Let's be honest: President Obama's claim that U.S. military action in Libya doesn't constitute "hostilities" is nonsense, and Congress is right to call him on it.
Blasting dictator Moammar Gadhafi's troops and installations from above with unmanned drone aircraft may or may not be the right thing to do, but it's clearly a hostile act. Likewise, providing intelligence, surveillance and logistical support that enable allied planes to attack Gadhafi's military -- and, increasingly, to target Gadhafi himself -- can only be considered hostile. These are acts of war.
Yet Obama, with uncommon disregard for both language and logic, takes the position that what we are doing in Libya does not reach the "hostilities" threshold for triggering the War Powers Act, under which presidents must seek congressional approval for any military campaign lasting more than 90 days. House Speaker John Boehner said Obama's claim doesn't meet the "straight-face test," and he's right.
To be sure, Boehner is also playing politics. In the past, he has argued that the War Powers Act is "constitutionally suspect" because it seeks to tie the hands of the commander in chief. I don't believe it's accidental that Boehner's newfound respect for the much-disputed law coincides with the Republican Party's electoral stance, which is that every single thing Obama has ever done is wrong.
But the law remains in force, and while presidents of both parties routinely find ways around it, they usually find a more credible dodge than asking, "War? What war?"
For decades, the GOP has favored a robust, interventionist foreign policy that relies heavily on a willingness to use military power. This may be changing, as contrarian Republican voices -- call them neo-isolationists, constitutionalists or even peaceniks -- demand to be heard.
Despite taking the ridiculous position that bombing is not a hostile act, Obama will likely win this tug of war with Capitol Hill. Boehner has been cool to the idea of deploying Congress' only real weapon, the power of the purse; any attempt to block funding of the Libya operation could be portrayed as abandonment of "the troops." And whatever happens in the House, Senate Majority Leader Harry Reid has indicated that he backs Obama's view. We'll probably hear a lot of sound and fury but see little impact.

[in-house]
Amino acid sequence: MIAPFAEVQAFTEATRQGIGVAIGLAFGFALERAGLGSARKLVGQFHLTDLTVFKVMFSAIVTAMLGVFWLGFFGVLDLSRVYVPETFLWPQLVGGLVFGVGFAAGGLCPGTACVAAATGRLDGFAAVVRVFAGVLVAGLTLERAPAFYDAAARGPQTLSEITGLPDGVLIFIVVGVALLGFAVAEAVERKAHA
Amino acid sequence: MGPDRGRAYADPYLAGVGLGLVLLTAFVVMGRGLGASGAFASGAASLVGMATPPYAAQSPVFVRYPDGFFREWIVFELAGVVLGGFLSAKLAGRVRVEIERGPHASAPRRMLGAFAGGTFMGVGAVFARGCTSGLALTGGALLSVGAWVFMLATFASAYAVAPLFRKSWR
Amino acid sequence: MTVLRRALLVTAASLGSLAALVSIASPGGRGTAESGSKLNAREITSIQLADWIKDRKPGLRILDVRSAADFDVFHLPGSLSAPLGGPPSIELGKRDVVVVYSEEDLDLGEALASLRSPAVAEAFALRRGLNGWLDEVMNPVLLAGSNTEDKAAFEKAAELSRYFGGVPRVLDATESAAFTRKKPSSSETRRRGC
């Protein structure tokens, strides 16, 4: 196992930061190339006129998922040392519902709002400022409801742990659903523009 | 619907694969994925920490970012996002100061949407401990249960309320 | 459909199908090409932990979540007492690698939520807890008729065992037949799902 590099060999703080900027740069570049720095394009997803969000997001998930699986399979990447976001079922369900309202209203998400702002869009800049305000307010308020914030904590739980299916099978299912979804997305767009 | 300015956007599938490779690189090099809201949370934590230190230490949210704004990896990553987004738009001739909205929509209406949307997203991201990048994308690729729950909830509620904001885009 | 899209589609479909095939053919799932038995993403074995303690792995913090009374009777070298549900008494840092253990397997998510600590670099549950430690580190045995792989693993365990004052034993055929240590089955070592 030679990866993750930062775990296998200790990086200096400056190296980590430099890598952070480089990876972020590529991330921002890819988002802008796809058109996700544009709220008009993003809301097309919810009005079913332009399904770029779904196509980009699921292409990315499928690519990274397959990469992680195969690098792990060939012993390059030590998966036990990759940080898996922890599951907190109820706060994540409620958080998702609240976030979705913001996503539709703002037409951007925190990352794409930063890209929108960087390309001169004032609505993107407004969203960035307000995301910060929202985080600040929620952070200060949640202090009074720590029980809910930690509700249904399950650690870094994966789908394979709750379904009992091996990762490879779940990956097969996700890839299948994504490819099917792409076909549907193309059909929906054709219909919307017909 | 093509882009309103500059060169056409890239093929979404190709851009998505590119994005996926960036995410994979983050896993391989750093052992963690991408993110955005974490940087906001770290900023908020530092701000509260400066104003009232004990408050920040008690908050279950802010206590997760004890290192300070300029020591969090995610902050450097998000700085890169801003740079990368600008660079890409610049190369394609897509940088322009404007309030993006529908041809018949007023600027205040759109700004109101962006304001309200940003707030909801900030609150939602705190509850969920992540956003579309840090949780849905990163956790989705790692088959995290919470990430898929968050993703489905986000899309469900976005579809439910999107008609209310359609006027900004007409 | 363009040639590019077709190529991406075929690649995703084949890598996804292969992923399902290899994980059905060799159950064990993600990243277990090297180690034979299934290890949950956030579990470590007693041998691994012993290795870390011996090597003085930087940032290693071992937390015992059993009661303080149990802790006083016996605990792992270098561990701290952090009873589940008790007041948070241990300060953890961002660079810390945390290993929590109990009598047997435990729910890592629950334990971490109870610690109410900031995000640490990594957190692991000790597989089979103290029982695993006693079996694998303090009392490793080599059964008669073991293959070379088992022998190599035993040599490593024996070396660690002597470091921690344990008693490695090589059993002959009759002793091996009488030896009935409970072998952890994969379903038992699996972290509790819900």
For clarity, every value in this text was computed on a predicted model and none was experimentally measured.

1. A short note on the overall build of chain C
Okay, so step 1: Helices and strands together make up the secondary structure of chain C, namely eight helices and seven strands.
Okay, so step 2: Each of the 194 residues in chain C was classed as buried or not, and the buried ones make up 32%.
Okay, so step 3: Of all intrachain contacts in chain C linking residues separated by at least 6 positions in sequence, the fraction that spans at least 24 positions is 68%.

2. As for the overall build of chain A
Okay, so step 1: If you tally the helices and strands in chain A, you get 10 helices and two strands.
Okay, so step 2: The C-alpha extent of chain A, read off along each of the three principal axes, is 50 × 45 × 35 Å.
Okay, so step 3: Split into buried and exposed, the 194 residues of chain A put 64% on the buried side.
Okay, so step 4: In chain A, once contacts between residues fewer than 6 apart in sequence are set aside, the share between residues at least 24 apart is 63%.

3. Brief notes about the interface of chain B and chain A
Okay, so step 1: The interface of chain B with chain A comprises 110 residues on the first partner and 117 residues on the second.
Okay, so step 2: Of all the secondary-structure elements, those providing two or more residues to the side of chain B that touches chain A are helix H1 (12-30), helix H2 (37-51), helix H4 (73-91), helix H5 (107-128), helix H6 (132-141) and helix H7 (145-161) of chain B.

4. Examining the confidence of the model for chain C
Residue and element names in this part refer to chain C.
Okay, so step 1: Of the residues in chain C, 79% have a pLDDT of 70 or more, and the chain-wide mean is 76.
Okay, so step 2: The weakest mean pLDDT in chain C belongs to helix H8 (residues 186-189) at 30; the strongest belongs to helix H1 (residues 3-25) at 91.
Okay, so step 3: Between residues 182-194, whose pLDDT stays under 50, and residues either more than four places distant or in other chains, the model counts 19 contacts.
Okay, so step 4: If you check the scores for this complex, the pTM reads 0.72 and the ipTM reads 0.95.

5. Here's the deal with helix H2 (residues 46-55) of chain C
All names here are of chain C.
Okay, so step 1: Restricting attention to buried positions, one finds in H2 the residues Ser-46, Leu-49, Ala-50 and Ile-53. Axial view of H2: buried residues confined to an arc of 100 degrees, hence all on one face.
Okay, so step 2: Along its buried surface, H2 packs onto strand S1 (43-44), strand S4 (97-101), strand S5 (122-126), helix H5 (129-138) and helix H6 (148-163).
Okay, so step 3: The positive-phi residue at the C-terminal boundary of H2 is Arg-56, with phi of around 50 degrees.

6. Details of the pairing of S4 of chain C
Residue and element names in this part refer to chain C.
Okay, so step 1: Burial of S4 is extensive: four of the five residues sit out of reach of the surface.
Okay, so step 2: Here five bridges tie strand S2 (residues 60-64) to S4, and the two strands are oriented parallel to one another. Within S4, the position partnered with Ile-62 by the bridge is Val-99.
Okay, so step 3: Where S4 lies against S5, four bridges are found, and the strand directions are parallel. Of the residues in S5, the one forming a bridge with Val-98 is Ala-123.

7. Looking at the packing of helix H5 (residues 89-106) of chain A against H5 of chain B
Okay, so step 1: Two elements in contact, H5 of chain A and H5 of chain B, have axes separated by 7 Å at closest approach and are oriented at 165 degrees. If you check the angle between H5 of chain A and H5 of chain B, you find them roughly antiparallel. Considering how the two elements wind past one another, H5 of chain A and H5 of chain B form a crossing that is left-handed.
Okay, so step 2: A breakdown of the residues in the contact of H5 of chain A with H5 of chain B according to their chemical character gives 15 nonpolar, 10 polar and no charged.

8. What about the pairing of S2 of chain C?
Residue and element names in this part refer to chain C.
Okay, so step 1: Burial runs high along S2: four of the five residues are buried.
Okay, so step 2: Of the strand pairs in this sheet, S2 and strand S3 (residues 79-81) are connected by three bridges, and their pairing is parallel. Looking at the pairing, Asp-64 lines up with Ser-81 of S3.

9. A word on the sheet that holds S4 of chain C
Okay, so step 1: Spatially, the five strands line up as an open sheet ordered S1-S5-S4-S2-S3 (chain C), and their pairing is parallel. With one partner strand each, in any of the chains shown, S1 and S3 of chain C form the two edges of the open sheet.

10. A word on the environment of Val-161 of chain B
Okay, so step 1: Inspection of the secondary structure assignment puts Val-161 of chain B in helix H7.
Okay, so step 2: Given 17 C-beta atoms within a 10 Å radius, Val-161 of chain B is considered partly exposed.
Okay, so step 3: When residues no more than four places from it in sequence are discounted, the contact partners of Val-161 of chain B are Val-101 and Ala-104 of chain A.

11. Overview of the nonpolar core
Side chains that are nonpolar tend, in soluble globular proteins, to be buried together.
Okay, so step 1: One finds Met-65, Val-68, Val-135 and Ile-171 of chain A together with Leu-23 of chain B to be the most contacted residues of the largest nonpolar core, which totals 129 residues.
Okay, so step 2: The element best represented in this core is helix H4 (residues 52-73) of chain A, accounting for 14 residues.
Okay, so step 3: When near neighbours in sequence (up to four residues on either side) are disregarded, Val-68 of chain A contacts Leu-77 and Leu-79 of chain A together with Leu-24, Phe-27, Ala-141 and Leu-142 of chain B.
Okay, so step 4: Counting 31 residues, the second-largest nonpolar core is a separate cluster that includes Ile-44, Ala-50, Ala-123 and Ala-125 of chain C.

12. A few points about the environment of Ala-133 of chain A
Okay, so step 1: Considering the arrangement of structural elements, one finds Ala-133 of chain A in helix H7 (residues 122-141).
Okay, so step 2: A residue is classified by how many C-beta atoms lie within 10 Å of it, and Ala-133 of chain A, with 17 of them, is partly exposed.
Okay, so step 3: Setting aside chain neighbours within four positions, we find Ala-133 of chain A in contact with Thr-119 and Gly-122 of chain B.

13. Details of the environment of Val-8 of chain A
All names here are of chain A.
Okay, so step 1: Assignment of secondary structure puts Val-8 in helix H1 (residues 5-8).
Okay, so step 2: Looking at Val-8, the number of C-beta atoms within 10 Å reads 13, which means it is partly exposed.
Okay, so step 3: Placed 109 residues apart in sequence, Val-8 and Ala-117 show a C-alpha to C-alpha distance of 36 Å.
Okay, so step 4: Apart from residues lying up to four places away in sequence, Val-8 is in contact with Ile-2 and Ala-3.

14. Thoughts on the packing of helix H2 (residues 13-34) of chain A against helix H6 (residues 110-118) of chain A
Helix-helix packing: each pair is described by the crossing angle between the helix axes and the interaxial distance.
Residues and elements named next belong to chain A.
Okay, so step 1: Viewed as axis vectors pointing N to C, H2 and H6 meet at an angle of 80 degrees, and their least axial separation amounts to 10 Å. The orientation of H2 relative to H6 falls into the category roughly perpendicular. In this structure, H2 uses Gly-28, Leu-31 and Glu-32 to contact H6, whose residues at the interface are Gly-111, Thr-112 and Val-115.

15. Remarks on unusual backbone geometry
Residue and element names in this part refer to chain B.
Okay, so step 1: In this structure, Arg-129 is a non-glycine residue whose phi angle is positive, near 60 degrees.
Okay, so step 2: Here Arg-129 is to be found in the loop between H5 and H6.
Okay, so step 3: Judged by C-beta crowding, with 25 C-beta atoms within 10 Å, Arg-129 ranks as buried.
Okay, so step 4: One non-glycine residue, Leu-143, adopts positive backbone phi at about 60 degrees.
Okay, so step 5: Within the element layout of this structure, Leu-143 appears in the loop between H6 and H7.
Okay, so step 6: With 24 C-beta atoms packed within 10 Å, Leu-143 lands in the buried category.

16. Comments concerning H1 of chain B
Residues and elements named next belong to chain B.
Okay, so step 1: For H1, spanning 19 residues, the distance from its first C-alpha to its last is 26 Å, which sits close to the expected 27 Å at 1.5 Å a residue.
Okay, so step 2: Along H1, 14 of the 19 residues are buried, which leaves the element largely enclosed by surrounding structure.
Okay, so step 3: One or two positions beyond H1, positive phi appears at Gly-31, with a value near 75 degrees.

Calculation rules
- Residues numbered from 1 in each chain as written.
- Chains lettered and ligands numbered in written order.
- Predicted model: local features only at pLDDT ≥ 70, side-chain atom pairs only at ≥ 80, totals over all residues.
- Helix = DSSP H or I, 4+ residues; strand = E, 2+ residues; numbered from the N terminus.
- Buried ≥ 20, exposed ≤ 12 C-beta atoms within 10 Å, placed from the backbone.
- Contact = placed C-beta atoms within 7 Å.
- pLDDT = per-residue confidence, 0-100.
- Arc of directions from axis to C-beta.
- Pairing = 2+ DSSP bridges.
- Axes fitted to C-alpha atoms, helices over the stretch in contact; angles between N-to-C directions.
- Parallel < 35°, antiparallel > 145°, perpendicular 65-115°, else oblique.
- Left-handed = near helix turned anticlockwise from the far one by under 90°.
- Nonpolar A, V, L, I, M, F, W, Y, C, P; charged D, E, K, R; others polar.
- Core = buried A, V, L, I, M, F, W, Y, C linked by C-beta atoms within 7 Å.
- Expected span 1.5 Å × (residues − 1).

But I hope I'm wrong. The nation's interests would be much better served if we had an open debate about the Libya campaign -- and, by extension, the proper use of U.S. military power in a fast-changing world.
Do we use military force to protect civilians who are in imminent danger of being massacred by forces loyal to a despotic regime? That was the rationale for intervening in Libya. But what about Syria, where a massacre of freedom-seeking civilians has been under way for weeks? What about Yemen, where civilians have been dying in the streets?
Most important, what are we doing there? Are we in Libya for altruistic or selfish reasons? Principles or oil? Assuming Gadhafi is eventually deposed or killed, then what? Do we just sail away? Or will we be stuck with yet another ruinously expensive exercise in nation-building?
And there's a moral question to consider. The advent of robotic drone aircraft makes it easier to wage war without suffering casualties. But without risk, can military action even be called war? Or is it really just slaughter?
An intellectual president such as Obama should be able to lead a search for answers to these tough questions. As soon as he gets a better grasp on the definition of "hostilities."